YOUNGSTOWN - Police Chief Rod Foley says numbers from 2012 are showing that overall crime is trending down in the city.
With statistics from the first 11 months of 2012 in, the city recorded 4,042 calls for crimes, down from 4,349 crimes in the first 11 months of 2011, a projected decrease for the whole year of 7 percent, Foley said.
Statistics for December are expected to be released later this month, Foley said.
Property crimes in the city are down 9 percent from 2011, while violent crime is up between 5 and 6 percent, Foley said. In 2012, Youngstown recorded 26 homicides, up from 23 in 2011.
Violent crimes are categorized as murders, rapes and robberies. Property crimes are burglaries, thefts, motor vehicle thefts and arsons.
One of the reasons burglaries have decreased is because the department was able to arrest some habitual burglars in 2012, Foley said.
''A habitual burglar can do 10 to 15 burglaries a week,'' Foley said.
This year, Foley wants to run more focused patrols in areas where crimes are known to happen. He said he will hold bi-weekly meetings with all division commanders and try to focus more on the spots where crime is occurring instead of randomly patrolling.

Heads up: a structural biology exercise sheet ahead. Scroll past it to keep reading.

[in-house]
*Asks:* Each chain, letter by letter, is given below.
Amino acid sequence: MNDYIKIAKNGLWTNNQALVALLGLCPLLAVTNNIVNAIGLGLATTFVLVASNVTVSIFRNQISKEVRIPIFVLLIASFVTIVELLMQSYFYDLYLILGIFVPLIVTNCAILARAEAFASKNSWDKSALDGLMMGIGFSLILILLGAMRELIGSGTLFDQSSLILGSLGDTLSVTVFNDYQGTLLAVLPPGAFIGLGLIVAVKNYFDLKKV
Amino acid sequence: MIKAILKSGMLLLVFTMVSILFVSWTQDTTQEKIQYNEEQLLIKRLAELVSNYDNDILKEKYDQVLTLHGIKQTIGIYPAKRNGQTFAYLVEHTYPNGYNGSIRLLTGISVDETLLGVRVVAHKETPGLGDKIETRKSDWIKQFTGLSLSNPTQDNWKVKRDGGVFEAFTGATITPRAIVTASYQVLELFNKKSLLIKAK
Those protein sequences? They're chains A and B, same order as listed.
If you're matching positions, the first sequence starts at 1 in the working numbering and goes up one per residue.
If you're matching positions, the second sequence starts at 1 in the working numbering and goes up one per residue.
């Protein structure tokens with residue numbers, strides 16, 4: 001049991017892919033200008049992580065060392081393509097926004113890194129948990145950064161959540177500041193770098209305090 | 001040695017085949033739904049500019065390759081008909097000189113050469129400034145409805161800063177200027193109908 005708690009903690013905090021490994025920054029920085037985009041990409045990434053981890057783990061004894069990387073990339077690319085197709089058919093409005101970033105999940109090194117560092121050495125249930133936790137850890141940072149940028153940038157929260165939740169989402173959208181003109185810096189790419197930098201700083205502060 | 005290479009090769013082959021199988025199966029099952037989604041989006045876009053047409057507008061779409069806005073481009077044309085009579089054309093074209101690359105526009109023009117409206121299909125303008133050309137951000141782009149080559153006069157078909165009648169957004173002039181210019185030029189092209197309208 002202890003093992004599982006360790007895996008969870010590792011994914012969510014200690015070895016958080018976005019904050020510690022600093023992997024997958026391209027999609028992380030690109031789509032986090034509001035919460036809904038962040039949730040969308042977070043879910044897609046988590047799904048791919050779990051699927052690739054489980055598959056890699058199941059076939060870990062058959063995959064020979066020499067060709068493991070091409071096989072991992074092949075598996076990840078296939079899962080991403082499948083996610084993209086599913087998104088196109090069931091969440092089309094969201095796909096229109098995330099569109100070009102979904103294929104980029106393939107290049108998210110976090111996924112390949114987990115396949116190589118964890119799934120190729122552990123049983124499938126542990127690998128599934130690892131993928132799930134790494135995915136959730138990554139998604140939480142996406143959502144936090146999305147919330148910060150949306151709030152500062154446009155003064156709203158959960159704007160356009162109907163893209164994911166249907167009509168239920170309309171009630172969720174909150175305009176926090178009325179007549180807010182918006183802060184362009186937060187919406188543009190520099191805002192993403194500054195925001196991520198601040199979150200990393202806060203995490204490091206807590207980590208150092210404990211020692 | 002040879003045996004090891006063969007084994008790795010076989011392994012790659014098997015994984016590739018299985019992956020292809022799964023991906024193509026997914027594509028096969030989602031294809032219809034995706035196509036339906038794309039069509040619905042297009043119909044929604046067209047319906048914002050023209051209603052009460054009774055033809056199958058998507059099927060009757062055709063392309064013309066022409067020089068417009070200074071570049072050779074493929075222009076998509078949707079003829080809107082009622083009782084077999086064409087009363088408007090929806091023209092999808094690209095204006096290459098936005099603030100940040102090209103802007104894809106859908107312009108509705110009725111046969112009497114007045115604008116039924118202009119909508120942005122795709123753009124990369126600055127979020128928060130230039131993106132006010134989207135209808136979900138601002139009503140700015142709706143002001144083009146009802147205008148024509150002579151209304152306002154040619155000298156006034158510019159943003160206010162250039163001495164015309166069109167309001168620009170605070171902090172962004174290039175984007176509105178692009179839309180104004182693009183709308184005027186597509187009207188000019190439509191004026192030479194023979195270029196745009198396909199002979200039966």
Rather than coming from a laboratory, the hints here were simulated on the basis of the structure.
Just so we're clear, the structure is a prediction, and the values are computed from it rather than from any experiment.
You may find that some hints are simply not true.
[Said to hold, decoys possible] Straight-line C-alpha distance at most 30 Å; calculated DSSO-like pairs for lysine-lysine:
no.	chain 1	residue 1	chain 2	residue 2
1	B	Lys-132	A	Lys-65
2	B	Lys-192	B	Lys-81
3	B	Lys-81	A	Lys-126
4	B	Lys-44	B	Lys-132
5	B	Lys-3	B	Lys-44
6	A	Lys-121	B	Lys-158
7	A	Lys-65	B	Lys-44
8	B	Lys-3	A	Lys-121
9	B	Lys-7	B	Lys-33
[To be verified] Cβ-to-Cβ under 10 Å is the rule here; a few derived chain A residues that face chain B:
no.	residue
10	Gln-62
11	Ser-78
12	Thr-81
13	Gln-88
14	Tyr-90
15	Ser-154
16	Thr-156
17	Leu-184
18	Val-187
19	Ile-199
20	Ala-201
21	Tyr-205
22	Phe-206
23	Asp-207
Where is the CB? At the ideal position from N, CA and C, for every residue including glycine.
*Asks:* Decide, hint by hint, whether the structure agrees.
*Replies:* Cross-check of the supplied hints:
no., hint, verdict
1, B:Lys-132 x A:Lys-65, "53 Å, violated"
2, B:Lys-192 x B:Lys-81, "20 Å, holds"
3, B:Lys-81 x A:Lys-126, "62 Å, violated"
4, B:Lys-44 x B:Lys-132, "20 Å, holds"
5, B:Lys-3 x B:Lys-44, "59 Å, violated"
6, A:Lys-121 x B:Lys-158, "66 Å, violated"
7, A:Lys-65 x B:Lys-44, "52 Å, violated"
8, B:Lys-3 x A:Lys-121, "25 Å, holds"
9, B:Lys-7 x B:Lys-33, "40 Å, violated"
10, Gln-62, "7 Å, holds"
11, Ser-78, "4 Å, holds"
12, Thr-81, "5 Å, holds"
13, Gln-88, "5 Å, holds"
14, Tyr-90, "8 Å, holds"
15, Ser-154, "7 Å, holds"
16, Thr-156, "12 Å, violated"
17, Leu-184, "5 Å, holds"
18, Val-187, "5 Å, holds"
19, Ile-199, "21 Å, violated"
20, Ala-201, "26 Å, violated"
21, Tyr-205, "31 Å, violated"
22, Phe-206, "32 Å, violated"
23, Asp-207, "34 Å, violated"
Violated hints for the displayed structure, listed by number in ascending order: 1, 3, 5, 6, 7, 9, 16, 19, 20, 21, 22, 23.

He said crime data also shows where the city's crime hot spots are, especially violent crime, and those spots are often associated with the city's gangs, Foley said.
A recent sampling shows of 18 gunfire calls from Dec. 17 to 23, 17 were between South and Glenwood avenues on the South Side and 13 of those were between South Avenue and Market Street, also on the South Side. That is also an area of the city that has several gangs and takes about 50 percent of the department's resources, Foley said.
The department began last year a strategy of targeting known violent criminals and gangs and that they want to expand that this year as well with their Community Initiative To Reduce Violence, or CIRV, program to talk to young people in those areas and show them the affects of a violent lifestyle and also offer them education and employment opportunities.
''A lot of these individuals think there's no way out and this is their lot in life,'' Foley said.
Foley said a lot of the crime data he and his staff look at will also be posted on the department's website, so citizens can be aware and also be able to help police out.